new york jets history
new york jets history
For years, the New York Jets have been seemingly a play away from returning to the top of the AFC. Last year, it was a last-second field goal by the Pittsburgh Steelers. In 2001 and 2002, the Oakland Raiders thwarted the Jets’ Super Bowl plans. Will this finally be the year head coach Herman Edwards punches the New York Jets ticket to the promise land? Quarterback Chad Pennington and Pro Bowl running back Curtis Martin think so. Standout linebacker Jonathan Vilma, newly acquired All-Pro corner Ty Law and a Jet defense that ranked fifth against the run last season agrees. Join in the debate by reserving your New York Jets tickets today.
“J-E-T-S, JETS! JETS! JETS!” It’s the best chant in the NFL, hands down. When 80,000 New York fans grab their Jets football tickets and start bellowing out support for their squad, the Meadowlands becomes a scene like no other. The New York Jets are truly a unique franchise. They’ve suffered through the worst of times like 1996’s 1-15 campaign; they’ve enjoyed the best of times like pulling off the biggest upset in Super Bowl history.
In 1969, more than 77,000 screaming football fans bought Super Bowl tickets and packed into the Orange Bowl to see the AFL champion Jets take on the mighty Baltimore Colts, kings of the more powerful NFL. At 15-1, the Colts were a whopping 19-point favorite and were expected to roll. A brash young Jets quarterback by the name of Joe Namath disagreed and guaranteed a Jets victory on the Thursday before the showdown. Broadway Joe backed up his boast, earning MVP honors by leading the underdog Jets to a 16-7 victory, the AFL’s first meaningful defeat of the NFL. The Jets’ performance had a major impact on the two leagues merging to form the modern-day NFL.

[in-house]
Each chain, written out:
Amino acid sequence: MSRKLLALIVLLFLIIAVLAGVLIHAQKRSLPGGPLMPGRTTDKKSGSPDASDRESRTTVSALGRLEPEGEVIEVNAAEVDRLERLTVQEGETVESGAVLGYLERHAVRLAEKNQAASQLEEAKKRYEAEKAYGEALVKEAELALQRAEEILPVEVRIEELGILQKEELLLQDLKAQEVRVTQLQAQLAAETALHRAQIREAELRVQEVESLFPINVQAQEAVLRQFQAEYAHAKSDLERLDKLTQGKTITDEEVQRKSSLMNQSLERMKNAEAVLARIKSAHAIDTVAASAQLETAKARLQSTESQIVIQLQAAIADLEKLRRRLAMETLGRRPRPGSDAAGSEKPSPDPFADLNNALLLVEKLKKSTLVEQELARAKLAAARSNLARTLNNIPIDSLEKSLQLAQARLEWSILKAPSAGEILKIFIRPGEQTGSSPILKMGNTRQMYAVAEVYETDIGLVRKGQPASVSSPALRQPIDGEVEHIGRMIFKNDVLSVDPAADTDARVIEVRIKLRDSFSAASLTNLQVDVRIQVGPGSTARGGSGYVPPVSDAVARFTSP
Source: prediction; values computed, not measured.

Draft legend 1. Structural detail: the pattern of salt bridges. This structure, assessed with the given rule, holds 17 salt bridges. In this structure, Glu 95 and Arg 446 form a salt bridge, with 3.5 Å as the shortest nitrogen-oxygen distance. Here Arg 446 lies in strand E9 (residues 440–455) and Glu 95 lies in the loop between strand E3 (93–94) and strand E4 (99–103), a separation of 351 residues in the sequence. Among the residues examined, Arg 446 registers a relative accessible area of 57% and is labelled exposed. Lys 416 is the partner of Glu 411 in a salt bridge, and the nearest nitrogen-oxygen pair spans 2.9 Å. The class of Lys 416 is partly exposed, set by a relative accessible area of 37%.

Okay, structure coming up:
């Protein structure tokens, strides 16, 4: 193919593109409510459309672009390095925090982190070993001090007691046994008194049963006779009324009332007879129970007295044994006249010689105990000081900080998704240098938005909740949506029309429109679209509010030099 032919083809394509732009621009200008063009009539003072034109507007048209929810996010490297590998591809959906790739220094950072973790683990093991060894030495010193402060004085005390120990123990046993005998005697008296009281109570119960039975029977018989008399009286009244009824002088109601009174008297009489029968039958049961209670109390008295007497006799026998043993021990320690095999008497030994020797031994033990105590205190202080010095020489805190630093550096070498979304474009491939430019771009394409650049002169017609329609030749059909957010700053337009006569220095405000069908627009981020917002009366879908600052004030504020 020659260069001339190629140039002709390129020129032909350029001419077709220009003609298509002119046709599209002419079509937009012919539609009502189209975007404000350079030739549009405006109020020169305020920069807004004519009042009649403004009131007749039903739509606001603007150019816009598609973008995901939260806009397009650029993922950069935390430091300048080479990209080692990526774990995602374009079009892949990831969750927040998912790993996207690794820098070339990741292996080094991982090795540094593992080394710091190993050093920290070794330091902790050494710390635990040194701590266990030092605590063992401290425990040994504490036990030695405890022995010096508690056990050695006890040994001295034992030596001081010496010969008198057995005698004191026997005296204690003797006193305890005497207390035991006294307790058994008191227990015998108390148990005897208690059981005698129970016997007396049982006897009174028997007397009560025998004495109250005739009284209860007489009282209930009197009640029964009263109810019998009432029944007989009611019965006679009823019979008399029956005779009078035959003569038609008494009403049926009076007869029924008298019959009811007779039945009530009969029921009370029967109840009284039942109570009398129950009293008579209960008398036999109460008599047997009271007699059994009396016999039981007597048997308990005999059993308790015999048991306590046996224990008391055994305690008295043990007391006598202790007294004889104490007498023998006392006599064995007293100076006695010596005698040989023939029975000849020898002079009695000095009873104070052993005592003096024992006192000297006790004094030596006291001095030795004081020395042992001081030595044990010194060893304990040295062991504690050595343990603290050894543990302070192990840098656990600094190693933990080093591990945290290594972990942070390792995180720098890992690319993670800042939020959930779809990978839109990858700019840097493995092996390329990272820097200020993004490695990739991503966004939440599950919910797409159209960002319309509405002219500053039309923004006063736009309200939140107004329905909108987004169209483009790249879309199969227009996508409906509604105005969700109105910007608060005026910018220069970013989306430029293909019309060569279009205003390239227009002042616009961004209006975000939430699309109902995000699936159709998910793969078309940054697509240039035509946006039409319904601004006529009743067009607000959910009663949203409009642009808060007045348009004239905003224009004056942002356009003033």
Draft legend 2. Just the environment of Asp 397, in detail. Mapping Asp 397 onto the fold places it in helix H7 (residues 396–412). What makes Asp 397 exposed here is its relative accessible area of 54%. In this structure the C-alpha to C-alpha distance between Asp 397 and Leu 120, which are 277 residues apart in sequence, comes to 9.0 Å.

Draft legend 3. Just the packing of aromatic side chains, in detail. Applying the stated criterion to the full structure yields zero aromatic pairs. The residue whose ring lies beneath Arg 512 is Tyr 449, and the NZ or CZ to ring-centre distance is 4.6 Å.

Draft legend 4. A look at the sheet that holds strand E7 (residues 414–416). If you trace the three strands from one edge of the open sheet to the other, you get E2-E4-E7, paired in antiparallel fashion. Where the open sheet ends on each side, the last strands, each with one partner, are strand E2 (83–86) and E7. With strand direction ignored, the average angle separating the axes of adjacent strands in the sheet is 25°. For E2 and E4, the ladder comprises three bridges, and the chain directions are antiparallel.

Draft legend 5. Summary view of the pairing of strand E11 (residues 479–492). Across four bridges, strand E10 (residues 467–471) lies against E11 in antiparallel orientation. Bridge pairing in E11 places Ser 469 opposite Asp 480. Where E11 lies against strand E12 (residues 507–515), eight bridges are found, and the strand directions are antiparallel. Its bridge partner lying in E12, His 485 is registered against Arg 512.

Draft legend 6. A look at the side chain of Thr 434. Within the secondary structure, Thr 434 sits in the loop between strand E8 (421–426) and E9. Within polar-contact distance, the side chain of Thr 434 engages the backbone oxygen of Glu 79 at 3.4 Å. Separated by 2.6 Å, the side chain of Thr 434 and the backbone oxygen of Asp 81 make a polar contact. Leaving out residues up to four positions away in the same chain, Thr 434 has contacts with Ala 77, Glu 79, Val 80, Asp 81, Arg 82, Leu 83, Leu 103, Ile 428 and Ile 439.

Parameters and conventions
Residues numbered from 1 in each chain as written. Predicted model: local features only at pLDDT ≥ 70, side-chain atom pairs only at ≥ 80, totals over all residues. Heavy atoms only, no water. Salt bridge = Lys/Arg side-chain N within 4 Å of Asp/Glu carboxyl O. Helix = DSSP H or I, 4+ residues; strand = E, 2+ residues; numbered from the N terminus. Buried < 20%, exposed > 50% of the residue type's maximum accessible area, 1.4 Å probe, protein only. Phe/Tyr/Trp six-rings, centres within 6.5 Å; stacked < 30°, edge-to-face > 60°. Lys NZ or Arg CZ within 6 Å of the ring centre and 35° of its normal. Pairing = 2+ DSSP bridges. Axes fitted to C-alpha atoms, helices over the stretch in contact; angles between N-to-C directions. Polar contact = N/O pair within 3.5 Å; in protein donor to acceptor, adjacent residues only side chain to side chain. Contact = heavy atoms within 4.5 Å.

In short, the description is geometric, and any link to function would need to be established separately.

Namath had a big-hand in shaping the glamour and glitz of the NFL. Whether he was sporting his mink coat on the sidelines or slipping into some panty hose on national TV, Joe Willie Namath brought a charismatic style to a stale league. From the get-go, the Jets treated Namath as a star, drafting him No. 1 out of Alabama in 1965 and quickly signing him to a $427,000 contract that made him the highest-paid player in the league. Namath became the poster boy of the AFL and made New York Jets tickets a hot commodity in New York City.
Herman Edwards has rebuilt the Jets back into perennial playoff contender, returning New York Jet football tickets to the top of the Most Wanted List in New York City. With a pair of key off-season acquisitions in wide receiver Laveranues Coles and cornerback Ty Law, the Jets are poised to take the next step. No one was more excited to have Coles back than quarterback Chad Pennington, who hooked up with his favorite target for 12 touchdowns in 2001-02. Curtis Martin, who seems to get better with age, is continuing his assault on Emmitt Smith’s rushing mark and is gearing up for a run at his first Super Bowl Championship. The Meadowlands certainly will be the place to be come Sunday, so get your New York Jets tickets today and see if the Jets can take that next Super Bowl-sized step.